- The Washington Times - Wednesday, June 20, 2007


In my garden, it’s planting time when the last sharp showers have finally drained from the topsoil and the moon is new. Folklore has it that a waxing moon encourages plants to grow.

Our farmers market is packed with crates of misshapen little onions, papery white garlic and golden shallots, all intended not for eating, but for planting in the vegetable garden.

Shallot is, of course, a member of the onion family, but its relation to the common onion is as a bottle of vintage Chambertin to a jug of Hearty Burgundy. Shallot is an aristocrat of the vegetable kingdom, and the onion is a commoner — although both have their place in the kitchen.

A shallot’s mellow sweetness is backed with tart acidity and a lingering intensity that you’ll recognize at once in white butter sauce, in bearnaise and in Asian preparations such as a spicy Malaysian flavoring base called rempah.

Most shallots in our markets are golden brown, looking like small yellow onions with several bulbs joined at the stem. The pinkish purple variety is even more desirable, pervading any dish with perfumed flavor.

Recently, large torpedo-shaped, so-called shallots have made an appearance. They are easy to chop and slice, but like most oversize vegetables, they seem, to me, insipid. No wonder. I’ve just learned they are not shallots at all, but a type of onion.

When dealing with a shallot, first pull the bulb apart into its two or three natural sections. Using a sharp paring knife, strip off the skin, lightly trimming the top and root so the layers of the shallot are still held together.

To slice it, think of it as a miniature onion. Halve it through the stem and root so it sits firmly on the board, and cut crosswise into thick or thin slices. (If the shallot has a natural flat side, there’s no need to halve it.) To chop a shallot, a trained chef dices it like an onion, cutting vertically, horizontally and then crosswise in three dimensions. I find it easier to slice the shallot and then chop the slices.

Now we’re in business. Raw chopped shallot is a must in many vinaigrette dressings, especially with potato salad, tomato, beets, cold chicken and toppings for grilled fish. Shallots have a particular affinity for lemon. In France around Bordeaux, a crunchy layer of chopped shallot is a zesty topping for steak. Rings of sliced shallot are a chic replacement for onion on a salad.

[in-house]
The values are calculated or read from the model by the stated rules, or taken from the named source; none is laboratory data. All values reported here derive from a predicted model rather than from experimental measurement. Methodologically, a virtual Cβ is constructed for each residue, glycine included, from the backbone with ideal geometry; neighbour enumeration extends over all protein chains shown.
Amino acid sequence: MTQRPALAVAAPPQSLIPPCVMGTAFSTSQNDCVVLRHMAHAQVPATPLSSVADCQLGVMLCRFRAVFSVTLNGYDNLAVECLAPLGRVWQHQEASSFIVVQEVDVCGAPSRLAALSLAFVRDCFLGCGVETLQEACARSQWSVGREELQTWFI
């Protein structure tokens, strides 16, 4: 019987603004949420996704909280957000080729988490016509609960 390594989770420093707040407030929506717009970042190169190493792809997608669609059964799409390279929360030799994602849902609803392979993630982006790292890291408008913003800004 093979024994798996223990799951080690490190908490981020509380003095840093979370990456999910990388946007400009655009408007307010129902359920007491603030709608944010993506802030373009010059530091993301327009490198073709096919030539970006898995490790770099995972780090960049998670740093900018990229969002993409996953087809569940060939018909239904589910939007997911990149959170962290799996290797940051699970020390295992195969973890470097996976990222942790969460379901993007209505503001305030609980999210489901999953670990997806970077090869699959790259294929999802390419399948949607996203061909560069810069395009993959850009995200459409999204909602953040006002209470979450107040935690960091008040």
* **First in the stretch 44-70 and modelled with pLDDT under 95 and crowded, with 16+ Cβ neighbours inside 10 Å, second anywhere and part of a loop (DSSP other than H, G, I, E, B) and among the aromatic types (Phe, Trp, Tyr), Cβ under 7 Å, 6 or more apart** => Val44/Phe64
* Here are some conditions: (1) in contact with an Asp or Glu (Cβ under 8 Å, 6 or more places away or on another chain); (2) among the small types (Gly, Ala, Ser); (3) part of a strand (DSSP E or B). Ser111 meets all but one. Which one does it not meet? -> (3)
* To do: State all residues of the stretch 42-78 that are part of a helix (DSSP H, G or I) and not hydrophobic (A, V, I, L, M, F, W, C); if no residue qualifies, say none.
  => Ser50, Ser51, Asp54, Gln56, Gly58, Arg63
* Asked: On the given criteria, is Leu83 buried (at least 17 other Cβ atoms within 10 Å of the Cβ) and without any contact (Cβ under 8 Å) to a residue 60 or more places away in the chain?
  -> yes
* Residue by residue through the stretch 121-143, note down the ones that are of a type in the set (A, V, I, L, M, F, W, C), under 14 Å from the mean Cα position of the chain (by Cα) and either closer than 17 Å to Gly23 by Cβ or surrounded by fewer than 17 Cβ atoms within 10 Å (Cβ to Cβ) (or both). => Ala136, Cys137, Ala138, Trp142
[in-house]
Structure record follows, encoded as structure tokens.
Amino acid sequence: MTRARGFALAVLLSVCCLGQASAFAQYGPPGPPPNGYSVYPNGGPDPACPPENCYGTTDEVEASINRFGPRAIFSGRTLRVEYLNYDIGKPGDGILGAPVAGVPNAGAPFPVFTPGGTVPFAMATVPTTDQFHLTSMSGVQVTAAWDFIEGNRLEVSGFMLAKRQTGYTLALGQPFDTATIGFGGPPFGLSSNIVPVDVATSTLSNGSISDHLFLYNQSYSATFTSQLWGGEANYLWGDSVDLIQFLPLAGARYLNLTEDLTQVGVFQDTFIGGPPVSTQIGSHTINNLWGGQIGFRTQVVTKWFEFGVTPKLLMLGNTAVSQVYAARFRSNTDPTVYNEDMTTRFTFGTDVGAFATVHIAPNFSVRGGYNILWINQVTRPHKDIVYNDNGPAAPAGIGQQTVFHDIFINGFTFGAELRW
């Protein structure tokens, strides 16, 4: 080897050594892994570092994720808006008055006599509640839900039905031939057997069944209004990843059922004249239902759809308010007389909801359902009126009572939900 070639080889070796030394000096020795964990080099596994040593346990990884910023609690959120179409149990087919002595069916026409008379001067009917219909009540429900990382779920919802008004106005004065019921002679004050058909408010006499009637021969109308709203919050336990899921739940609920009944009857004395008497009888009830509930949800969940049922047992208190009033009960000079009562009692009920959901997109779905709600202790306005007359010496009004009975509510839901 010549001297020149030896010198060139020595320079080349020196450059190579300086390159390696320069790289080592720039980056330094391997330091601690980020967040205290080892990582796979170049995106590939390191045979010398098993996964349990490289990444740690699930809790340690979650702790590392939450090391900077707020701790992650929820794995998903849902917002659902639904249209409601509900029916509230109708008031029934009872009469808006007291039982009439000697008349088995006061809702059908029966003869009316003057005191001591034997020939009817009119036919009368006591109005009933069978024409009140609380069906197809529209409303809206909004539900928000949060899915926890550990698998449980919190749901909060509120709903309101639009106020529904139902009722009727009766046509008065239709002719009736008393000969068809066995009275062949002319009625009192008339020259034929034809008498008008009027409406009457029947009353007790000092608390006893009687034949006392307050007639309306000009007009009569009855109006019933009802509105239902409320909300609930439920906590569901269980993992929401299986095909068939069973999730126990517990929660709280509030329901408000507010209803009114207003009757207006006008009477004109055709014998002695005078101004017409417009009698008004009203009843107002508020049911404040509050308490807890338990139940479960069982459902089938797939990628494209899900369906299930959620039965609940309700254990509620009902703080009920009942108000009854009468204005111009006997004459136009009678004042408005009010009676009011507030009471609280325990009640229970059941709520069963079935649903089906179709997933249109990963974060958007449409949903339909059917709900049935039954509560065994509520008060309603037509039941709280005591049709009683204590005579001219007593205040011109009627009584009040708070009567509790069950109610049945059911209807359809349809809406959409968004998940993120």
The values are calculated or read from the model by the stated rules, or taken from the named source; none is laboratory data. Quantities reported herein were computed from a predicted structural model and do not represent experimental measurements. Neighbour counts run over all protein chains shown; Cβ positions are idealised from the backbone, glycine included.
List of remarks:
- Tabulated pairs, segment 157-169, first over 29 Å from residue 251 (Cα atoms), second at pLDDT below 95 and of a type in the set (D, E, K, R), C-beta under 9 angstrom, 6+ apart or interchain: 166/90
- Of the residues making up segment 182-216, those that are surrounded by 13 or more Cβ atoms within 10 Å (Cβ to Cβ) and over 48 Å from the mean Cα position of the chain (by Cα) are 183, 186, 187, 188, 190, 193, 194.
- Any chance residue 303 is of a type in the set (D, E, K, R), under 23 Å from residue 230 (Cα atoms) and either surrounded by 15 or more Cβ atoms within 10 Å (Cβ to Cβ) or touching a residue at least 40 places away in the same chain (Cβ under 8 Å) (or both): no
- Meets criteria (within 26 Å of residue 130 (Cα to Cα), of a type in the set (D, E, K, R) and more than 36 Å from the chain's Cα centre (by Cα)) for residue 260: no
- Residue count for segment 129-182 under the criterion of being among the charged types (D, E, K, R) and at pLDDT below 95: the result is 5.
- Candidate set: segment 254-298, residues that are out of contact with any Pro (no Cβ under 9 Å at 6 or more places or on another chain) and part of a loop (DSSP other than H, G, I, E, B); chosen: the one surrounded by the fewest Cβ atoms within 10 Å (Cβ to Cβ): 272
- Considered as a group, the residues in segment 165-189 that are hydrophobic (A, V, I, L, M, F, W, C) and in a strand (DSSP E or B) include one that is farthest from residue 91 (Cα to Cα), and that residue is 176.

We are told that shallots originated in Central Asia and reached the West by ancient Greece. Their botanical name is Allium ascalonicum, which places them in Ascalon, now in Israel.

Mixed with wine vinegar, shallot forms the mignonette condiment served with raw oysters. Even better is shallot wine made by infusing chopped shallots in sherry.

“This is the most expensive but infinitely the most elegant preparation of Eschallot,” declared William Kitchener, author of “The Cook’s Oracle,” in 1821. It “imparts the Onion flavour to Soup and Sauce, for Chops, Steaks or boiled Meats, Hashes, & more agreeably than any.”

Today in Asia, sliced shallot, fried until crispy, is a standby on rice pilafs, lentil purees and peanut sauce. Fire up the wok with a few spoons of vegetable oil and add sliced shallots by the handful, stir-frying until they are brown and crunchy. A bowlful passed as a side dish will disappear in a flash.

Actually, I would add a chopped garlic clove or two to fried shallots, which reminds me that garlic and shallot are family cousins and natural partners in the pan. A little bit of sliced garlic underpins the sweetness of shallot, while shallot tames the brash bite of garlic.

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